A Summer Secret
by Kathleen Fuller
It's not fair. Nothing in my life is fair.
Mary Beth Mullet stared at the words in her journal. She took a deep breath, inhaled the faint scent of pig on her skin, and let out a long sigh. She'd probably have to take two baths tonight. Maybe after that the stench would go away. Mary Beth had never realized how bad the pigs smelled until she had fallen into that gross mud in their pen. She wasn't even supposed to feed them this morning. That was usually her twin brother Johnny's job, but he had been helping hitch up Crackerjack to the buggy. She flipped over a couple of pages until she found a clean sheet of paper and began to draw, an activity that always settled her down. There were still a few parts of the barn that she hadn't sketched in her journal over the past several weeks.
Hearing the tweeting of a swallow, she looked up in the corner of the barn, noticing for the first time the nest tucked in the rafters. Applying pencil to paper, she quickly outlined the corner of the barn before adding the swallow and the nest. Were there eggs in the nest? She didn't know and couldn't find out since the ceiling of the barn was so high. She added three tiny eggs to her drawing anyway, carefully coloring little bitty dots on each one. She had no idea if swallows had speckled eggs, but she liked the extra detail.
When she finished her drawing, she closed her journal, placed it on the matted straw beside her, and stood up. She had started coming here when school let out in April, mostly as an escape from Johnny and her younger brothers, Caleb and Micah. Now it was the second week in June, and she hated to think that this might be the last summer she spent here. After finishing eighth grade next year, she would probably be expected to get a job outside the house. But she didn't want to think about that right now. She was thirteen and still had one more year to enjoy her freedom. She planned to spend as much time here as she possibly could.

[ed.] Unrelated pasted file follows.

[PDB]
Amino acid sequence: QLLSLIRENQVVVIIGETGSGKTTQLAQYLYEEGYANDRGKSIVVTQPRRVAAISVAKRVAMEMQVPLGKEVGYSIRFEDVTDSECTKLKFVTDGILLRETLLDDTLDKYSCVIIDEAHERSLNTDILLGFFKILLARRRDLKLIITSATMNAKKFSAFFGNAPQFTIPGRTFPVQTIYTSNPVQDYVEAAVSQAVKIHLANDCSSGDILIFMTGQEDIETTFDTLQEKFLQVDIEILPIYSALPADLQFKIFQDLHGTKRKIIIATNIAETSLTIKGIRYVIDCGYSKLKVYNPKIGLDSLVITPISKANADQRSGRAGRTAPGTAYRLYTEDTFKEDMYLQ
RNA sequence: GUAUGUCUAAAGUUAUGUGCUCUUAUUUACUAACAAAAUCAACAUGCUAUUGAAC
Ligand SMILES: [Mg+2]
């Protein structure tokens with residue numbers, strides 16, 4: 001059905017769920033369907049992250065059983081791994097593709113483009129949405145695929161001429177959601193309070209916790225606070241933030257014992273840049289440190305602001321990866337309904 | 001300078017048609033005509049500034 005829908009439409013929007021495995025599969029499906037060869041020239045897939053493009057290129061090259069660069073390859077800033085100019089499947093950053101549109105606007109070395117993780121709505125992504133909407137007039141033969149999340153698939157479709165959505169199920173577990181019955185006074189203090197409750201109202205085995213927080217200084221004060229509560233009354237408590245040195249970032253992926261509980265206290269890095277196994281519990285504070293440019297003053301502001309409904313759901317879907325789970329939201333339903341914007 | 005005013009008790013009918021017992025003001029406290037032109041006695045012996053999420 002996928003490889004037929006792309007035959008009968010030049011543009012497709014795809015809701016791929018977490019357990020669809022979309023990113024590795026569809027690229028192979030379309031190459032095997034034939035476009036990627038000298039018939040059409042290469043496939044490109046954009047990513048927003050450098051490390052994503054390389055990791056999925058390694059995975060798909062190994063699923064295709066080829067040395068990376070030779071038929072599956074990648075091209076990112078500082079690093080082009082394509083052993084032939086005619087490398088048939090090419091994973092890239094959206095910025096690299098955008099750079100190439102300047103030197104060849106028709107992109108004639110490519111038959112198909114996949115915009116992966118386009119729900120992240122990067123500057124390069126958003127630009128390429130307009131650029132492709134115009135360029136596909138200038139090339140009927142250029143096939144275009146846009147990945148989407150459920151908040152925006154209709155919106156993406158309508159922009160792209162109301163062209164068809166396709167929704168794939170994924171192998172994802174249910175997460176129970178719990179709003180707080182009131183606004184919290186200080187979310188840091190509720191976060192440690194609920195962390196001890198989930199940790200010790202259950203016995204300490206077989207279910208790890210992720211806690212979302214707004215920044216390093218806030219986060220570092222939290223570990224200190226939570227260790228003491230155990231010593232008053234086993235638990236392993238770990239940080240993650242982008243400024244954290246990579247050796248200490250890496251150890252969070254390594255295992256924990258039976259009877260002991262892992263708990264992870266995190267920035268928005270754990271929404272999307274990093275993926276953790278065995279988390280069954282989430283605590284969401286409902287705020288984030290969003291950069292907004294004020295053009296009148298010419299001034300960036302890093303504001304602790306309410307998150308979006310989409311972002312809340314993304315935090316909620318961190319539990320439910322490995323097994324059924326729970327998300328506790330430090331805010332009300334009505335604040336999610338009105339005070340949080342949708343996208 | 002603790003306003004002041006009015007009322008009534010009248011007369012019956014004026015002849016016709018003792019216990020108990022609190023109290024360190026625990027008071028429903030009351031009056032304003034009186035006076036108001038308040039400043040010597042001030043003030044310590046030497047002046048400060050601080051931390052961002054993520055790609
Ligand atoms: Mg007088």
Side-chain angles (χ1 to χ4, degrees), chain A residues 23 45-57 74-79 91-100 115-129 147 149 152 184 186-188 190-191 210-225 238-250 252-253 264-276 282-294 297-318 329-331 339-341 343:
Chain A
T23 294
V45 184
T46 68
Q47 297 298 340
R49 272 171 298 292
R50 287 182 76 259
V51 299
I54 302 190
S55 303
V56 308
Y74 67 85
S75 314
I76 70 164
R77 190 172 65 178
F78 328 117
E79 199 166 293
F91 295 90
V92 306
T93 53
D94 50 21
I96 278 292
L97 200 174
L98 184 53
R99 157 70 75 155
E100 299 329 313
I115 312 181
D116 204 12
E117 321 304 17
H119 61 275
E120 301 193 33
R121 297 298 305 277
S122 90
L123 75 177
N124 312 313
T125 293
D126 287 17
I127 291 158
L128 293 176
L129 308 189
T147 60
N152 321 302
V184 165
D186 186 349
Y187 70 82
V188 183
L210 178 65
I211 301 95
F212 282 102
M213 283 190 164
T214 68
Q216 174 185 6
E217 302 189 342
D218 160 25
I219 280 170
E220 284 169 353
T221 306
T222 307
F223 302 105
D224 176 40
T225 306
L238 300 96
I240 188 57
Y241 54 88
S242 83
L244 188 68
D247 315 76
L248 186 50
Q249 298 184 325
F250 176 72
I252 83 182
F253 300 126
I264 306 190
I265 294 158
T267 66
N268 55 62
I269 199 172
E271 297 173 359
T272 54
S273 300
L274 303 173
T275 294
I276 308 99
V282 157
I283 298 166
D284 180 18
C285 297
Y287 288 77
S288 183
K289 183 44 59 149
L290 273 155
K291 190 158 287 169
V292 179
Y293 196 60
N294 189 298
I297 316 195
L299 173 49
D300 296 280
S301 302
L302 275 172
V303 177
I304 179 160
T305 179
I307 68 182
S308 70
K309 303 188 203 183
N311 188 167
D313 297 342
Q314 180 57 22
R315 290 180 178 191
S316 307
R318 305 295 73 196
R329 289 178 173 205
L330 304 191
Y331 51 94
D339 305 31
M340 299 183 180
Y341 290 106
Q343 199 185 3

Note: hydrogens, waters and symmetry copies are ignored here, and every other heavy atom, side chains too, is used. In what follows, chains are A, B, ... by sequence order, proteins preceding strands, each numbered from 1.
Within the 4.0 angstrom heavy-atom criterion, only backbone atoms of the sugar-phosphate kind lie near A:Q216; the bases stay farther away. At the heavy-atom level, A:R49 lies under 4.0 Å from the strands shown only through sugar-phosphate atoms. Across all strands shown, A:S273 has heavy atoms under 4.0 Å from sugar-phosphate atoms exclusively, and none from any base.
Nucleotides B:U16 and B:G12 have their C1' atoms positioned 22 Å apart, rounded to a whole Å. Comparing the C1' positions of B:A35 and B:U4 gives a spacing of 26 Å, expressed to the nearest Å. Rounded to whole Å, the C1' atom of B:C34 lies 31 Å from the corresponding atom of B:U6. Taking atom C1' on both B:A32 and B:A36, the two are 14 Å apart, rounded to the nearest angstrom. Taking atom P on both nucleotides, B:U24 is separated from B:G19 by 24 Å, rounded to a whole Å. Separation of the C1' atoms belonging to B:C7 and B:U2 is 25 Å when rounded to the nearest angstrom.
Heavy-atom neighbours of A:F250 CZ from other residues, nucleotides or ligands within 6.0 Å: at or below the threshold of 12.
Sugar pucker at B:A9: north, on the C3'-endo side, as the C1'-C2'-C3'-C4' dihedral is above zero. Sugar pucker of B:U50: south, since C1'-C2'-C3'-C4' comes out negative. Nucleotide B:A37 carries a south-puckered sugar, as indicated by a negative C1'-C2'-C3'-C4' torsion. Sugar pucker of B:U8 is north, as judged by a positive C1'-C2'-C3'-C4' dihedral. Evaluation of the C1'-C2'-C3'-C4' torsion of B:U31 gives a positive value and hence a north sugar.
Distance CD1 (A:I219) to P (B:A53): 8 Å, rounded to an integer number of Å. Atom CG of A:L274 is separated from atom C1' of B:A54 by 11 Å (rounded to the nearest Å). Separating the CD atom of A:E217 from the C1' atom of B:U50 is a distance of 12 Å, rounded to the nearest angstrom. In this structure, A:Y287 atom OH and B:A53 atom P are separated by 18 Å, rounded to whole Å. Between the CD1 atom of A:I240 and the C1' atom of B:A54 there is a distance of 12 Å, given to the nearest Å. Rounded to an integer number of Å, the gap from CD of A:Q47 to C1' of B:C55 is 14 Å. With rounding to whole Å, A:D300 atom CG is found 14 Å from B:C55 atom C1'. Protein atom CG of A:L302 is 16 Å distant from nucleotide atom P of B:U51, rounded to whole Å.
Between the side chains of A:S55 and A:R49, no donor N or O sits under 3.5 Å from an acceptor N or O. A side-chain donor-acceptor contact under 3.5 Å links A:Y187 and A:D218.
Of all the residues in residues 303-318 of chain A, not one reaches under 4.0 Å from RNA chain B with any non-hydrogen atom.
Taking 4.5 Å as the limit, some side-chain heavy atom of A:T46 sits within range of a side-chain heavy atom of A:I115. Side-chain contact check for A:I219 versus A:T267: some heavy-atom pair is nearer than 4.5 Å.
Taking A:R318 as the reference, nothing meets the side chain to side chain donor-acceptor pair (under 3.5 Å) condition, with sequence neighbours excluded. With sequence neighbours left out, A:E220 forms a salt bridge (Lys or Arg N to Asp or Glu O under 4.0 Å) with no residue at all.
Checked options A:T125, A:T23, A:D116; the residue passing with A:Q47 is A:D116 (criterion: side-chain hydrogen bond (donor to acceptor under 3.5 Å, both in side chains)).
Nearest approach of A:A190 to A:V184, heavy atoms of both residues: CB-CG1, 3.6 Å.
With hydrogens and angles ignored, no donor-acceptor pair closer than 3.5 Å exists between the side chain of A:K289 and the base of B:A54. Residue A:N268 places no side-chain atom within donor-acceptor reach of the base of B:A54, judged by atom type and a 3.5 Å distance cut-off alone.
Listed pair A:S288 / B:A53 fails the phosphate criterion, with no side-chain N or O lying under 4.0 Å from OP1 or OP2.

But right now she needed to get home before she was missed. As she always did before she left, she picked up her blanket, shook out the strands of straw clinging to it, then neatly folded it. Tucking her journal beneath the blanket, she checked her stash of supplies--several small boxes of juice, a few granola bars, a packet of graham crackers, and one apple in a plastic baggie. Glancing around, she remembered what her father had said about the barn: he had told her not to go near it. "That old thing is on its last legs," her daed had said. If her parents knew she was here, she would be in big trouble.
Still, Mary Beth didn't think it was that bad. Sure, the wood was black with rot, and the entire barn leaned to the left. Huge gaps were in the wall where slats used to be, and the whole place smelled kind of musty, especially on really hot days. But there were enough holes in the walls to let in plenty of light, yet keep her dry when it rained. Anyone could see this barn had character--and it was her place. The one spot where she could be alone to read, to draw, to dream. Here she didn't have to worry about her brothers bugging her or her parents asking her to do something she didn't want to do. She snuck away to her special place whenever she had a chance.